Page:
So we have to balance what we do very, very carefully. And so any long-term contracts that we had in the past were indexed or linked to spot market prices, in fact that's the bulk of the long term contracts out there in the industry, they are indexed to spot market prices."
Ms. Wright said So. Cal Gas has access to interstate pipeline transportation agreements giving them access to pipelies leading from the gas producing basins in Texas and New Mexico, which provides them an advantage in price right now.
She said LB Gas buys all of its gas delivered to the CA border because all of the pipeline capacity leading to CA is "essentially controlled by a small number of parties...and that capacity is not available at this time, so we are purchasing as we have for the last 14 years at the southern CA border." (The gas is then transported to LB using So. Cal Gas pipelines.)
Ms. Wright noted that "the disparity in the prices has only occurred the months of December and January. Prior to that, for years our prices have always been comparable to the cost of gas that So. Cal Gas and other utilities in the area had."
For this reason, City Hall has sought to frame the issue in terms of what it calls irregular price increases in the wholesale price of natural gas. As posted on LBReport.com, LB Mayor Beverly O'Neill has written Governor Gray Davis asking for an "immediate review of the wholesale gas market" and requesting action by the CA Public Utilities Commision and Federal Energy Regulatory Commission "to remedy this unfortunate situation." The Mayor's letter said the city would support policies by the Governor or legislature that would "offer emergency assistance funds...to consumers currently bearing the direct cost burden of an irregular natural gas market."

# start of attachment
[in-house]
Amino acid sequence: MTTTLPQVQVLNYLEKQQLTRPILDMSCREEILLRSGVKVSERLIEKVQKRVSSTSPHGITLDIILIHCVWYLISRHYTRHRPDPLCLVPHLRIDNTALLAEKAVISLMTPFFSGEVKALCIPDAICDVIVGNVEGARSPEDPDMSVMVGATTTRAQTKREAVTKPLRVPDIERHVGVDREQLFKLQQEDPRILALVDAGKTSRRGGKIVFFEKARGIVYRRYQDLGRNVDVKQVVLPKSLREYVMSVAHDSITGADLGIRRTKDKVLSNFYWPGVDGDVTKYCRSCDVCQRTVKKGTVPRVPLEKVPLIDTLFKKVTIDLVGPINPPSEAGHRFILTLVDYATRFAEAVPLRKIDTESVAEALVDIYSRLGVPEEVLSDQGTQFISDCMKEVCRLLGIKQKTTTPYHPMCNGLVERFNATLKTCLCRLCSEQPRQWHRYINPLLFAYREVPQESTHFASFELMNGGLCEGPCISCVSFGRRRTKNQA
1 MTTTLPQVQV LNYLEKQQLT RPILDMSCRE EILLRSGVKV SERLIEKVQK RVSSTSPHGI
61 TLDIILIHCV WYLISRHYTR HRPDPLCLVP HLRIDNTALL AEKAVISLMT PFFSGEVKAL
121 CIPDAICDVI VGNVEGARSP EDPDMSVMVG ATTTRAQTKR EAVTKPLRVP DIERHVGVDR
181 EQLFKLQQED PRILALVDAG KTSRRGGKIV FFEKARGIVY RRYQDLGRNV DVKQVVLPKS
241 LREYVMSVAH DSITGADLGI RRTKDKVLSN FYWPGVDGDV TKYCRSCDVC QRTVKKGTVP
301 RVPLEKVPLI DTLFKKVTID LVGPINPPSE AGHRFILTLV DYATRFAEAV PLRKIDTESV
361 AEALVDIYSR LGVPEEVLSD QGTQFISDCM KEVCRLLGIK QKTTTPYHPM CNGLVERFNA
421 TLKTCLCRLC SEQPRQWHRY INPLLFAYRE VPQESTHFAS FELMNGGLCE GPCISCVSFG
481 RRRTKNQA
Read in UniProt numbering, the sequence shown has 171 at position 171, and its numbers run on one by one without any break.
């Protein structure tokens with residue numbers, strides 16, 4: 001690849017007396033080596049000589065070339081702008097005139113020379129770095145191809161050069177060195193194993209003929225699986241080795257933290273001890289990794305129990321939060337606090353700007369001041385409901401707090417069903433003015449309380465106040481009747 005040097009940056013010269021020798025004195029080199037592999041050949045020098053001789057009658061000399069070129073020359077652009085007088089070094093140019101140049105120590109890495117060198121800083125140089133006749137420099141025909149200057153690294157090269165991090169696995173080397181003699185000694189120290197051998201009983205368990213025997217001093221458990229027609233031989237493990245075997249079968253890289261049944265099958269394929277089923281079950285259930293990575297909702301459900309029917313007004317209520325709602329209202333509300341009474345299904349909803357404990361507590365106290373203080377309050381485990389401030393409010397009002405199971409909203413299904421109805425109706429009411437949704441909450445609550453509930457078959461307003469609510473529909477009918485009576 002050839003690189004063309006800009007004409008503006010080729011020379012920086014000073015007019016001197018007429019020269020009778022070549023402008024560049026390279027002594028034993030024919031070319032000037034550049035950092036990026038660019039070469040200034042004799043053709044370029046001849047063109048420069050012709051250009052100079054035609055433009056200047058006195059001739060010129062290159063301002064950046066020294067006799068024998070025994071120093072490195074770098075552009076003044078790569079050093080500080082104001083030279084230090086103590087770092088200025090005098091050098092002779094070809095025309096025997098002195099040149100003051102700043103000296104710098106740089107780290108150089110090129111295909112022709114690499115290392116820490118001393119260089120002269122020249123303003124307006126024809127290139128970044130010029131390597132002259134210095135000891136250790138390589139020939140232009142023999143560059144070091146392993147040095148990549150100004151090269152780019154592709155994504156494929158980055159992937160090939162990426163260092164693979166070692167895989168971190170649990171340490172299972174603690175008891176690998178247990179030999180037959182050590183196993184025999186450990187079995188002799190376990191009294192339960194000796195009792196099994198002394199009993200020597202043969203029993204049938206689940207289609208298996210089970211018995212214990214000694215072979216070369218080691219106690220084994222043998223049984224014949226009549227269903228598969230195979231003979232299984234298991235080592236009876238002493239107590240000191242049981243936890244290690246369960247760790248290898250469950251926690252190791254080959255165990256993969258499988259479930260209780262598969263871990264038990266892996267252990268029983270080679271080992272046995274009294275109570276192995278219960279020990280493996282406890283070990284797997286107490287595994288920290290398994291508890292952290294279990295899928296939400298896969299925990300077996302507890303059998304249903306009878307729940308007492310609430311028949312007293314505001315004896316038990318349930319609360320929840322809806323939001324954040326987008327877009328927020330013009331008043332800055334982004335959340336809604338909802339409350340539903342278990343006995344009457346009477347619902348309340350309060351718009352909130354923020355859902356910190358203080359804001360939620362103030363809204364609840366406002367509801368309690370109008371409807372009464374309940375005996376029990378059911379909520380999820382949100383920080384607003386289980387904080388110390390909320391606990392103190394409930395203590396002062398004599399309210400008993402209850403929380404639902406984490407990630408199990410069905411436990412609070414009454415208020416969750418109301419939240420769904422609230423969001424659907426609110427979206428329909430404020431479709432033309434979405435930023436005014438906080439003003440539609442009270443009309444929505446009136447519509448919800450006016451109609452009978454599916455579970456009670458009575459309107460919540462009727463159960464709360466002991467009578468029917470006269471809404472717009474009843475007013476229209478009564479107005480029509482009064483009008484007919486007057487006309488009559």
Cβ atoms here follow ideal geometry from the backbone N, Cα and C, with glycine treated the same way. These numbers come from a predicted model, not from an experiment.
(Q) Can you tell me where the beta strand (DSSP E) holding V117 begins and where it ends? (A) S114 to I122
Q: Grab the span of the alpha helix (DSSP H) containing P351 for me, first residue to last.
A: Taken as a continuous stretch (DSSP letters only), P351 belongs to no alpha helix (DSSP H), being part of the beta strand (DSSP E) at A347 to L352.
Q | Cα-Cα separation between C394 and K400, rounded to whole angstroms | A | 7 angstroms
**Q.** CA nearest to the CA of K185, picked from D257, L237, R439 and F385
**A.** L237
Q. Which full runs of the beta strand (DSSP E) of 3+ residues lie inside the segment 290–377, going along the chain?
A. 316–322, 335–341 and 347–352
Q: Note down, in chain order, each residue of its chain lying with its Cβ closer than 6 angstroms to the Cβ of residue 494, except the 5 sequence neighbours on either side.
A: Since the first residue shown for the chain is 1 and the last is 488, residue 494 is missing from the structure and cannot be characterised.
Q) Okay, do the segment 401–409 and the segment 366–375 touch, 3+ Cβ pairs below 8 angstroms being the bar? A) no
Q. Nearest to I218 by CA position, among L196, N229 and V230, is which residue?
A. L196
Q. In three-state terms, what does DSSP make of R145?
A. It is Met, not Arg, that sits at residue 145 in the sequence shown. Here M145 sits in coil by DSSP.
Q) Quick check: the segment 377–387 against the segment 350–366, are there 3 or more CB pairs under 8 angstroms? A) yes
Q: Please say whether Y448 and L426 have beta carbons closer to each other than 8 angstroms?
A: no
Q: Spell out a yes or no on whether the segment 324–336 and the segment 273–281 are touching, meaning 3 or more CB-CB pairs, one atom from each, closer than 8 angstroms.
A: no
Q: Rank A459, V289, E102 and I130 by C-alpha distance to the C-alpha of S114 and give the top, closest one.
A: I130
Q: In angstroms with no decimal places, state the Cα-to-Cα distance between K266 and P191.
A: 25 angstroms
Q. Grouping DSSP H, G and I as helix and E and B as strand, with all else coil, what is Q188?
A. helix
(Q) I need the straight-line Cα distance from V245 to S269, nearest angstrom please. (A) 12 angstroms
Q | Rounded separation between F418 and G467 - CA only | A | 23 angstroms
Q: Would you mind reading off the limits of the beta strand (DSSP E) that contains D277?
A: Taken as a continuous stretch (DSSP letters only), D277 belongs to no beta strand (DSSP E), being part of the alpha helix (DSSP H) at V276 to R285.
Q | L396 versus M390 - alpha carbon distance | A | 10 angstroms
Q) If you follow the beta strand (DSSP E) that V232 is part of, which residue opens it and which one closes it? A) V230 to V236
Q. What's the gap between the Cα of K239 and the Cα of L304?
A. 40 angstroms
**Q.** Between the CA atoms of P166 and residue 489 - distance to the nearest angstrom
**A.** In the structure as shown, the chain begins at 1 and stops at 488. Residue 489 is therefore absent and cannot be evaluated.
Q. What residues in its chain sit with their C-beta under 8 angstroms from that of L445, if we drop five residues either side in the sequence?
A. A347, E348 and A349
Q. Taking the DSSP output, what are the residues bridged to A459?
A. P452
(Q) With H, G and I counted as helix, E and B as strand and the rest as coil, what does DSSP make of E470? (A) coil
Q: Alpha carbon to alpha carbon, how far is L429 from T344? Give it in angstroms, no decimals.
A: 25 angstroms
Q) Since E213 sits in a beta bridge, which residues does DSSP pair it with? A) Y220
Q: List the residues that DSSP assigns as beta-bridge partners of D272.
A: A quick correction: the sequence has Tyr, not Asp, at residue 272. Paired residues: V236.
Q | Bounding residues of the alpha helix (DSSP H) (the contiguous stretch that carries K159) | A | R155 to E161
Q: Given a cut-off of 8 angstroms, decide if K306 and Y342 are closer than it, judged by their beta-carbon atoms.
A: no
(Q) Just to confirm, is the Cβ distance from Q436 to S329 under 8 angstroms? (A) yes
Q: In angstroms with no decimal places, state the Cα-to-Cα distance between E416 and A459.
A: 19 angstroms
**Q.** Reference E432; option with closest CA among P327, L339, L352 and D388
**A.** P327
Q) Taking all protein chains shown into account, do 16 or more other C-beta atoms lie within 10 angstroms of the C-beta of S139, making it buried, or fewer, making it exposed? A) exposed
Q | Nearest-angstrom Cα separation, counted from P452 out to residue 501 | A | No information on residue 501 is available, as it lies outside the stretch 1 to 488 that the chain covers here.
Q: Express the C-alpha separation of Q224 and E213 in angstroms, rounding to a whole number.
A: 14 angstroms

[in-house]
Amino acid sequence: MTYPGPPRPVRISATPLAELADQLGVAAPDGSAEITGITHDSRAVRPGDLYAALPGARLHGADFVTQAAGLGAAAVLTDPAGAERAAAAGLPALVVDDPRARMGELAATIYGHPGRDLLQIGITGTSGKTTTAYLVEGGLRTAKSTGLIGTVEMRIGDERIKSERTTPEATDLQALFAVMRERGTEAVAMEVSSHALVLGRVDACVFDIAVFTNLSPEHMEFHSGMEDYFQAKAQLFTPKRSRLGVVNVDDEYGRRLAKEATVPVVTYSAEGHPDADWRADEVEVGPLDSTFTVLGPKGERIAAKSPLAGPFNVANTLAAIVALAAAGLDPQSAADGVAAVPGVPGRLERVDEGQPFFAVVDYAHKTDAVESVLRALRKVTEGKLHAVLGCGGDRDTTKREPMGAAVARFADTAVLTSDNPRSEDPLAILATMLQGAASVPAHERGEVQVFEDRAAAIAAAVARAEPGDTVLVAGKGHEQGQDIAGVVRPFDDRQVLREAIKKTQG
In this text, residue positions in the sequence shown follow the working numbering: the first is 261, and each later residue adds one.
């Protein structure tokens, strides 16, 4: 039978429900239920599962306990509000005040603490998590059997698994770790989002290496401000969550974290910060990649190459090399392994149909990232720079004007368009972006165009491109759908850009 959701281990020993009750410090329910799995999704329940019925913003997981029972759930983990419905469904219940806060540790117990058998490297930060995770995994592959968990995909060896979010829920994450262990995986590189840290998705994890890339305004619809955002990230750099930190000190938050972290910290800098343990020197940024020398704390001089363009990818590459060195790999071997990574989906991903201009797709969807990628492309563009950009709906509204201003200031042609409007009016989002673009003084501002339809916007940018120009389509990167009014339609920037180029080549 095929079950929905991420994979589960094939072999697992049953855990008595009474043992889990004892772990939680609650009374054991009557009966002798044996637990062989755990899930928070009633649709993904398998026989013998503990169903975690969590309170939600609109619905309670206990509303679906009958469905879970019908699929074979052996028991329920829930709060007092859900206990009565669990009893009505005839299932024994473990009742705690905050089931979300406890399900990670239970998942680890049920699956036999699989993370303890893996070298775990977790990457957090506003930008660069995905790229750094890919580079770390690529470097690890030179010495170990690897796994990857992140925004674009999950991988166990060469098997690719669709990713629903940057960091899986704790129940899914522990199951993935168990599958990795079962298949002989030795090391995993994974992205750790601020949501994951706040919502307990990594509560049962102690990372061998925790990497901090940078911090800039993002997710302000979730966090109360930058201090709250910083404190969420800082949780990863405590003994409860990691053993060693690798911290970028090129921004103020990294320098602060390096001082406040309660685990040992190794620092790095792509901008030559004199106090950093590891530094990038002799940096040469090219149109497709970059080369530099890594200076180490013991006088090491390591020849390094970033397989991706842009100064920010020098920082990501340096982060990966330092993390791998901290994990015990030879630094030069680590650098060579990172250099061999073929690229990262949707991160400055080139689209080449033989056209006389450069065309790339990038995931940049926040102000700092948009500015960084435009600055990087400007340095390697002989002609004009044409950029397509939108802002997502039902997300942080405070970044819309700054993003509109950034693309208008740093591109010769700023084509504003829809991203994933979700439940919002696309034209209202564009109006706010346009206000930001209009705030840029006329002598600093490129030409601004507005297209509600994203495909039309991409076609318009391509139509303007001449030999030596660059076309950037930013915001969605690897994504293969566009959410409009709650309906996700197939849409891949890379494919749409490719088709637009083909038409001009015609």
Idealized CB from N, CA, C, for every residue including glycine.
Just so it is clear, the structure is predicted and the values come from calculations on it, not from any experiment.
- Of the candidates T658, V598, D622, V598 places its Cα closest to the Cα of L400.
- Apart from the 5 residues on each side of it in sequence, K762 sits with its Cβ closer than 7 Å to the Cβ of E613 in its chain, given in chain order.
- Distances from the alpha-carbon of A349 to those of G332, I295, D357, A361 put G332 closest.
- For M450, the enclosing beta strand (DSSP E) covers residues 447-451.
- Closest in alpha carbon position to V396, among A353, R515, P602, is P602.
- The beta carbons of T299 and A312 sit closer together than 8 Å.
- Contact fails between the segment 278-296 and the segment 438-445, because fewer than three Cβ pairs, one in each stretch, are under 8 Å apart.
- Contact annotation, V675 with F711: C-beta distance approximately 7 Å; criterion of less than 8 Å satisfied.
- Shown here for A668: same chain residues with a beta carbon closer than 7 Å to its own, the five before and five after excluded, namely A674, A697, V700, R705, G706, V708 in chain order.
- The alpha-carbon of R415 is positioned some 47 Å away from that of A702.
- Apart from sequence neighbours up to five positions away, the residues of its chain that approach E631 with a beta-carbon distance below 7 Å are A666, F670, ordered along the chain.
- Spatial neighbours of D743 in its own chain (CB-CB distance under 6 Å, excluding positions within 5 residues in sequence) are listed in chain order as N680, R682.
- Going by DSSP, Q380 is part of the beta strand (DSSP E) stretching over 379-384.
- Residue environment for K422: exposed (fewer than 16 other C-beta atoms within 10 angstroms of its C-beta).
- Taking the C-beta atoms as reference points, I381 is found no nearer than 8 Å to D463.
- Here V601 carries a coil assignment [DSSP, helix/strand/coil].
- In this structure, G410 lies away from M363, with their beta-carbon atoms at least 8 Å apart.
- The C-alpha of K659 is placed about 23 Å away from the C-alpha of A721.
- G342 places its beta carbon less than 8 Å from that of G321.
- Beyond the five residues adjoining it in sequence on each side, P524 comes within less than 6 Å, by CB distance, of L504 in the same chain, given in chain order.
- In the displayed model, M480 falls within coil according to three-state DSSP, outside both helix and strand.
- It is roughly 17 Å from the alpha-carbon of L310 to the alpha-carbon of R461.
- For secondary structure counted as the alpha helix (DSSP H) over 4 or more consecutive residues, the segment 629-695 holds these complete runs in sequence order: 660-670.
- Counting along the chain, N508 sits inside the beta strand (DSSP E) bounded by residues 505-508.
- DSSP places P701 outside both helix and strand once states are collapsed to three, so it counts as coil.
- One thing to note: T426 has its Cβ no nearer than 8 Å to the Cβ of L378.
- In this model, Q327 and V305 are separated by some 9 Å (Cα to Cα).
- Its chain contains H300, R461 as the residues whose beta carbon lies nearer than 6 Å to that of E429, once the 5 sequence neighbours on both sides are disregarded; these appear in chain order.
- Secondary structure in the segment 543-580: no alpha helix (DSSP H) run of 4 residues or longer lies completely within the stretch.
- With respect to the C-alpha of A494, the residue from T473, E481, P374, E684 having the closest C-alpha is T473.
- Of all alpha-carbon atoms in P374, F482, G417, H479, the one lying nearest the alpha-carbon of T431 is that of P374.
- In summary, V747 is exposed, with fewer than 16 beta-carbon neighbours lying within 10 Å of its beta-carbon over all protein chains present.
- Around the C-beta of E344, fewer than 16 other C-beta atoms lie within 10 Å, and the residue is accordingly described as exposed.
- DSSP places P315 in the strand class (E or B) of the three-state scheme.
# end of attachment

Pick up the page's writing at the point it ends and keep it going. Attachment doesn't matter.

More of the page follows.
(LBReport.com has posted this letter at Mayor's letter to Gov. Davis.)
During public discussion of rising gas rates, no elected official raised the issue of the City Charter requirement that LB Gas Dept. rates be "based upon the prevailing rates for similar services and commodities supplied or sold by other like utilities...operating in the Southern California area."
Although this Charter verbiage may be interpretted in different ways, no elected official suggested it be construed so as to protect LB consumers (instead of protecting City Hall), preventing the LB Gas Dept. from charging LB consumers over twice what Lakewood consumers (and others served by So Cal Gas) are paying for the same commodity.
No elected official proposed that City Hall refund to LB businesses and residents excess sums charged on LB Gas bills (compared to neighboring Lakewood) in December and January as well as the excess utility tax collected on those bills.
And no elected official urged lowering the utility users tax to provide consumers with some immediate out of pocket relief. (No Council incumbents supported Prop J.)
Instead, on January 9, the City Council approved a city staff proposal to grant a temporary 25% discount on natural gas bills to qualifying low income seniors and low income disabled users until April 30. Staff is also also reportedly preparing a "level pay" plan option. ("Level pay" plans generally charge more in summer when natural gas use is low while charging less in winter when use is high, but "level pay" does not actually reduce customers' net out of pocket cost.)
On January 16, 3d district Councilmember Frank Colonna asked City Manager Henry Taboada to report on the feasibility of lowering LB natural gas bills by 5%. (Many LB natural gas bills have already risen by 200%-300% over last year's levels.)
The City Manager's report is not expected for several weeks. Natural gas use is expected to subside as temperatures increase in coming weeks.